The State of Missouri seems hell-bent on creating work for Jefferson City attorneys. As we reported earlier this summer (You were Warned!), the Division of Professional Registration blundered in its first move to control how the State Board of Embalmers and Funeral Directors conducts inspections of funeral homes. Since then, the Division has also declared the State Board (in 1999) ceded control of its personnel budget, and lacks the funding to hire its own inspectors. (We will follow up on this claim later because it would seem the Division should have documentation to back up such an assertion.) Even though the State Board suspended non-essential inspections until its authorities over personnel and funding could be sorted out, the Division delivered a fait de complis to unwanted funeral home inspections by stacking the State Board with 4 new members, and then sacking the Board’s executive director and preneed audit supervisor. (Underline that latter position, and we’ll come back to it in a future post.)
You may be asking how this benefits Jeff City attorneys. During a heated discussion at the State Board’s last meeting challenges were made to two new Board members about their qualifications to serve. Section 333.151 sets out the statutory requirements for serving on the State Board, and they include that the appointee be licensed as either a funeral director or an embalmer, and have been actively engaged as such for a period of five years preceding the appointment. While all three new industry board members are licensed, two do not seem to meet the 5 year active engagement requirement. One of the new board members advised he had perhaps embalmed 3 bodies during the past 5 years. Another new board member acknowledged she was a full time pharmacist at a hospital. The State should anticipate that licensees threatened with discipline will likely challenge the Board’s legitimacy and authority to the Administrative Hearing Commission. This same authority and legitimacy issue will undoubtedly be raised by attorneys bringing wrongful terminations of the State Board staff. And conceivably, this qualification issue casts a shadow on the legitimacy of every license issued by the State Board subsequent to Governor’s appointment of these two individuals. No wonder some attorneys make a living off lawsuits against the government.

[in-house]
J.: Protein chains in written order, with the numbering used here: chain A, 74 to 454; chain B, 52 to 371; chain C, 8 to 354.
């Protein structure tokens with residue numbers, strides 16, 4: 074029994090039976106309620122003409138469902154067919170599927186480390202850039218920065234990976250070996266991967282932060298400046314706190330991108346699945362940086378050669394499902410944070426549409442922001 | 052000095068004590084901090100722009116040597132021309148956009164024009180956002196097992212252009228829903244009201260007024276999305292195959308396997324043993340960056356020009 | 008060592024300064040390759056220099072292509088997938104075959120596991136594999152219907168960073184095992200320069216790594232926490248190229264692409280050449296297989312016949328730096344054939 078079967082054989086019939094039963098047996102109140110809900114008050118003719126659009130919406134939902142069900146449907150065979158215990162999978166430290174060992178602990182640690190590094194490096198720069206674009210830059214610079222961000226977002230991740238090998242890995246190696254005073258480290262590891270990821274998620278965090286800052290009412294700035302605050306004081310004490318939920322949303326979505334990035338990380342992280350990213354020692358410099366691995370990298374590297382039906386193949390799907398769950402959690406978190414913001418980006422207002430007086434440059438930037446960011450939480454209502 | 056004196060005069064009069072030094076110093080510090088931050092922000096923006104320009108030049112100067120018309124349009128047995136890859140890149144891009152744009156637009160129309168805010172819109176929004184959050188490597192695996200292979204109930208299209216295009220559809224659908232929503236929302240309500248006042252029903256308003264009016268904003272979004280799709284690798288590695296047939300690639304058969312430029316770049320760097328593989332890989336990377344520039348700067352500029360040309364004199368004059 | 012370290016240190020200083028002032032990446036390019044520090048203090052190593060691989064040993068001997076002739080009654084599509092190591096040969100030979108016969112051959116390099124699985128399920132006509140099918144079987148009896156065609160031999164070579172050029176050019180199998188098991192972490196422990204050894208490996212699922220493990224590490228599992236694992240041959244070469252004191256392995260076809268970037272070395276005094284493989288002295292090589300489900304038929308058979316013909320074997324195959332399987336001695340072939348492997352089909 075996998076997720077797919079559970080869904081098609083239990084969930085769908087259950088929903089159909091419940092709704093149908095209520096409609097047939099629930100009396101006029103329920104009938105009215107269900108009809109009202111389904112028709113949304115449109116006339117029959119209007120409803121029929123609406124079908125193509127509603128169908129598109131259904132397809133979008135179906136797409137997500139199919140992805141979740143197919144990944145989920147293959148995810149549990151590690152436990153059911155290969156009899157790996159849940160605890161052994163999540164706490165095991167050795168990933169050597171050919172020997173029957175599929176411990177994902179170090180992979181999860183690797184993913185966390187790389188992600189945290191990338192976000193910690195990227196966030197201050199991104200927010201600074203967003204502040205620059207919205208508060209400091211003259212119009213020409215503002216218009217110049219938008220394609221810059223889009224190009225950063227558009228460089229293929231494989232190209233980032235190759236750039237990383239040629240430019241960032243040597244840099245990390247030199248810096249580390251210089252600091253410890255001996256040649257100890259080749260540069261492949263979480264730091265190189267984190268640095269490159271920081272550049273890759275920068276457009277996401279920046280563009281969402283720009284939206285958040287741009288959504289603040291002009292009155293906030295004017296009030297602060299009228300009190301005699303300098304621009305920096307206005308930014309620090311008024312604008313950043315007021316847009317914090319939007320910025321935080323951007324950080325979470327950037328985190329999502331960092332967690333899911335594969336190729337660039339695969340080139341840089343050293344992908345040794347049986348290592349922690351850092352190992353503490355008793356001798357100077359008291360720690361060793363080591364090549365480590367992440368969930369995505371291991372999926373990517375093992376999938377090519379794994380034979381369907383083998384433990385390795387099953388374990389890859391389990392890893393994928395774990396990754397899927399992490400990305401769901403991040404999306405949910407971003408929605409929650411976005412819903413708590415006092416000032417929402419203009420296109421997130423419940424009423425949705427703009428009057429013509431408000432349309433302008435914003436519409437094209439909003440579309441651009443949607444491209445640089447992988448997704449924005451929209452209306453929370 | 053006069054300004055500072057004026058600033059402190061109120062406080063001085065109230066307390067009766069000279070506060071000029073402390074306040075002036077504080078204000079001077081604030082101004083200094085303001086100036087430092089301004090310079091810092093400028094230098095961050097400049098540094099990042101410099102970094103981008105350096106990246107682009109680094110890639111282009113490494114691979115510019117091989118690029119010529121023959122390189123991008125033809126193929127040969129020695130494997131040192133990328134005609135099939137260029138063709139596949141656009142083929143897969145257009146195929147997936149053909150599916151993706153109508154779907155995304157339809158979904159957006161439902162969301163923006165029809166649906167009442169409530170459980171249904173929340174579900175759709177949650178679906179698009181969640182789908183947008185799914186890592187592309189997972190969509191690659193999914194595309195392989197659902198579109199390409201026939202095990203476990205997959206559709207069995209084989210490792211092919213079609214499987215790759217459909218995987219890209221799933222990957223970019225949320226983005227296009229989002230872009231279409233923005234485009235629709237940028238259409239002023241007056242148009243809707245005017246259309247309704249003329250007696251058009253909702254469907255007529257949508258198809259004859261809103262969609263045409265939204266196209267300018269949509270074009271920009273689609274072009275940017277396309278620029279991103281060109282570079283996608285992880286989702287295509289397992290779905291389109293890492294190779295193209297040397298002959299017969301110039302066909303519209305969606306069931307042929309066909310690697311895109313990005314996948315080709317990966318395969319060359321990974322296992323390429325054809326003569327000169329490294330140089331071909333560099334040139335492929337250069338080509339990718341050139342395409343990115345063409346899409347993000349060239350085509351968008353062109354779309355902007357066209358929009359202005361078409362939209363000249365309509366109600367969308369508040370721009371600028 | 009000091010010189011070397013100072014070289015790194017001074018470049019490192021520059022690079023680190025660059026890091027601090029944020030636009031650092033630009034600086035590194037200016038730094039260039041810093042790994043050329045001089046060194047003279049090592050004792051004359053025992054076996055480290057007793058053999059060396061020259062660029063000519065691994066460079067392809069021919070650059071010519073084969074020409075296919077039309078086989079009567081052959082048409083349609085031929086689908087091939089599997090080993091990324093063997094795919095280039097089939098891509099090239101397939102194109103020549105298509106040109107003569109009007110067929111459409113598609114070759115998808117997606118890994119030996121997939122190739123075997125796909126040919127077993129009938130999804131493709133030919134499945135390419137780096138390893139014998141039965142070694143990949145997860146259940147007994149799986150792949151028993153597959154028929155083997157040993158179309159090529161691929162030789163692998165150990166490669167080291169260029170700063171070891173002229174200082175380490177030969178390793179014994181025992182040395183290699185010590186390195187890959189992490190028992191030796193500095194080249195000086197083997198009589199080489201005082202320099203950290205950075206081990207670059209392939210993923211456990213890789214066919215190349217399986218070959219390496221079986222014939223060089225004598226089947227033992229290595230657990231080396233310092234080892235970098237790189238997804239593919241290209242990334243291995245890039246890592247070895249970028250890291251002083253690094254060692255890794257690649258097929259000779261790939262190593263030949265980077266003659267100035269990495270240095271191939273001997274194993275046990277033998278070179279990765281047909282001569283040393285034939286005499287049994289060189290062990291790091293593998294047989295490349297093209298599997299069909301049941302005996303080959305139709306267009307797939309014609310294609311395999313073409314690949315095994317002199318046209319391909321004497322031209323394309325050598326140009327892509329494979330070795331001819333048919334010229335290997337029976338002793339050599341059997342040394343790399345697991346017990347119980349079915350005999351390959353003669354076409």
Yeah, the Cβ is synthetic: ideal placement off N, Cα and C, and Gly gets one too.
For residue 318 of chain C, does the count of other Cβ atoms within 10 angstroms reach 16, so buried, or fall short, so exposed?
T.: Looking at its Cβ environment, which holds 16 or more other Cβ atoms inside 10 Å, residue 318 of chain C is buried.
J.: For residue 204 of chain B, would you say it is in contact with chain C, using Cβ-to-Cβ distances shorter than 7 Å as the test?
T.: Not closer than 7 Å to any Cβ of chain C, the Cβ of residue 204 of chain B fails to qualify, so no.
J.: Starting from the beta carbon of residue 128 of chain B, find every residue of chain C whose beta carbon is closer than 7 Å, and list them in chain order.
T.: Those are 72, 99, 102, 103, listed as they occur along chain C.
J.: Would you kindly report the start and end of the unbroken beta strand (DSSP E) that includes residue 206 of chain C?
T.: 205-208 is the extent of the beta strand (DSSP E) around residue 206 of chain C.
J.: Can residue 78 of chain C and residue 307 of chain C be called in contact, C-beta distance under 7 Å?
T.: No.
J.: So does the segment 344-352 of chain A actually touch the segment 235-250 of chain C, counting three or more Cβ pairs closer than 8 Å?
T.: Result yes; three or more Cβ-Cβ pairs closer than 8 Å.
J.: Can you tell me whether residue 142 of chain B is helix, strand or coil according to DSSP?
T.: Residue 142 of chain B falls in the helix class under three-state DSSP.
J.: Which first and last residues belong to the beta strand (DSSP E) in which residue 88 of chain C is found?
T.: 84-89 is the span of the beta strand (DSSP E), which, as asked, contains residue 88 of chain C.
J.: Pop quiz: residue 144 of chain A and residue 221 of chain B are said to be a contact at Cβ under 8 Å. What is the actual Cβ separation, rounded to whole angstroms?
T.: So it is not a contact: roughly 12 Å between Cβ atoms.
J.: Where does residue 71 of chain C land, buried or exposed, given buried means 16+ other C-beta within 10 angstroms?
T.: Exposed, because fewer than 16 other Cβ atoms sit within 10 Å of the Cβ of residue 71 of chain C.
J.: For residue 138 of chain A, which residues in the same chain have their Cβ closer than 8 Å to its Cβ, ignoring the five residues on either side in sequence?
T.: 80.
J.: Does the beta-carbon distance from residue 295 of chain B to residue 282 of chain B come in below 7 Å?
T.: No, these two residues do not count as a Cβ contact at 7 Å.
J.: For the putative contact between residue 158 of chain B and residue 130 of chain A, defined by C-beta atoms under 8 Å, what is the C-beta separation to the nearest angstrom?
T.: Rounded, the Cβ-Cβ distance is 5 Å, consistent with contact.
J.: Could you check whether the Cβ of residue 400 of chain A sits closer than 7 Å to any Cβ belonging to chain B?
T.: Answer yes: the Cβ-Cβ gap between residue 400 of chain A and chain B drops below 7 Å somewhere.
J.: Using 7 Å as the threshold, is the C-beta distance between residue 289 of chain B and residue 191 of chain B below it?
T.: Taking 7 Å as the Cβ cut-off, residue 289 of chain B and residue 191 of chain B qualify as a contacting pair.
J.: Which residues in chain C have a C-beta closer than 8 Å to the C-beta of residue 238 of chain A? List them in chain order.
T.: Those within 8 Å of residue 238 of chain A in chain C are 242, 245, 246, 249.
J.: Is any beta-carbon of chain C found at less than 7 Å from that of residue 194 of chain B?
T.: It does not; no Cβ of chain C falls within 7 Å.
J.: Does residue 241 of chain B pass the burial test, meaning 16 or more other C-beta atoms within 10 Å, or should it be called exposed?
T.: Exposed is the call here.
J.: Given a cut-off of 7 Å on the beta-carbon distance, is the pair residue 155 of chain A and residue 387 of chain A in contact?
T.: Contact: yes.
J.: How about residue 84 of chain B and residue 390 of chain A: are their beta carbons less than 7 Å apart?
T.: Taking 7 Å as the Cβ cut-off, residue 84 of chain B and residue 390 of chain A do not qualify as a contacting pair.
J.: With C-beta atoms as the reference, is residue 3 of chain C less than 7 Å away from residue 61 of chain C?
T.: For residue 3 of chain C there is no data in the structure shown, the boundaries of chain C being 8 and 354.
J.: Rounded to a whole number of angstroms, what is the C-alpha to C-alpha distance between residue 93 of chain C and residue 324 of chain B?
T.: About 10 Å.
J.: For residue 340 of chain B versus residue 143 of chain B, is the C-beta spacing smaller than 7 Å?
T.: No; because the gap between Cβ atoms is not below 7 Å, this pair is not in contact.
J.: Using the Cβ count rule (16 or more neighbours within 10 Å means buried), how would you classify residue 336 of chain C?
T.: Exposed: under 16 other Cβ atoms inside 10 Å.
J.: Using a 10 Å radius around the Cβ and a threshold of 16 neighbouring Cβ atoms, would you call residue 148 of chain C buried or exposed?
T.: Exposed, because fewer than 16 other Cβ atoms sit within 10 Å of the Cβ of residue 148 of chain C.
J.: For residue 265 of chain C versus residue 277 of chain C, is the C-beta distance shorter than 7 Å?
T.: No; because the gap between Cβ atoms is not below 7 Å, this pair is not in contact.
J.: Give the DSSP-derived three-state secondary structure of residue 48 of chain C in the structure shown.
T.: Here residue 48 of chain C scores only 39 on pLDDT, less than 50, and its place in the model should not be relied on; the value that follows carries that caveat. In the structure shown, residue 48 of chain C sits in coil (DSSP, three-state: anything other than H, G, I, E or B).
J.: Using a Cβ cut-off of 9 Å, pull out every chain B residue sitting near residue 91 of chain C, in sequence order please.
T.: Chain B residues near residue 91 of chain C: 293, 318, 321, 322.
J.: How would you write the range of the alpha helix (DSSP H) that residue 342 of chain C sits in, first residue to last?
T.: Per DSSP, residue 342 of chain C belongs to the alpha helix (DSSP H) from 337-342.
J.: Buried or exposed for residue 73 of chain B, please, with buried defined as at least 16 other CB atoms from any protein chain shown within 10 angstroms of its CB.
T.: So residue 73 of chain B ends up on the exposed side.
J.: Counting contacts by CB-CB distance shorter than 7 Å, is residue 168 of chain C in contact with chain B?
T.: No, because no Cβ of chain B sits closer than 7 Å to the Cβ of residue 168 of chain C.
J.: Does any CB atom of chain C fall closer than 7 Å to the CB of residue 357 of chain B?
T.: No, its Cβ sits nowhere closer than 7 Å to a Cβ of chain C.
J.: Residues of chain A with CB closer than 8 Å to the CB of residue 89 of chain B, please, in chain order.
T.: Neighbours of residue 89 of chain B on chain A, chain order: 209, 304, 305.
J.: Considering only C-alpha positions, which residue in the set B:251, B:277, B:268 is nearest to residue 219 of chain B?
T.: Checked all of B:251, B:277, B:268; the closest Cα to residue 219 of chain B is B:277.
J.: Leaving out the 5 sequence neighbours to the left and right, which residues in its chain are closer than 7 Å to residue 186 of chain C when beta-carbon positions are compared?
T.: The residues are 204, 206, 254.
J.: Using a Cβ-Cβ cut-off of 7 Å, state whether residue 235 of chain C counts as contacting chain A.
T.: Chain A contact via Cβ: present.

Rumors are also running rampant that the Division had been actively recruiting State Board candidates that would follow orders. Concern for Division retribution would seal to silence those funeral directors who may have been approached. But the rumor may have been unwittingly validated by the Division. Last Thursday’s Board was started with the disclosure that script provided to the newly appointed Board members had been leaked. And per the script, the new Board members voted as the majority block to go into closed session to fire the staff. We have not yet obtained the ‘script’ but will be making open record requests of the new board members, the State Board and the Division. [We’ll come back in a future post about how if accurate this constitutes a gross violation of Missouri’s Sunshine Law. But then again, it has only been a few short years back to when a prior Board chairman and Executive Director also violated the Sunshine Law in attempts to influence Board decisions.]
All of this started more than a year ago when MFDEA accused the State Board of gotcha tactics when conducting inspections. In defense of the Board, they had stated a preference to hire and train its own inspectors, and thus avoid the picture taking. It was suggested that disgruntled funeral homes were complaining to Governor Parsons, and he wanted an end to the picture taking. With the practice having been tabled, why then stack the Board and terminate the staff? Had all this come to be because the Board stepped on the toes of a Governor ally? And if this had to do with gottcha inspections, why terminate the preneed audit supervisor? The next phase of preneed audits was to have included an expanded role for the Board inspectors. Sacking the staff will likely set the preneed audit process back a few years. (We’ll dive into this aspect in a future post.)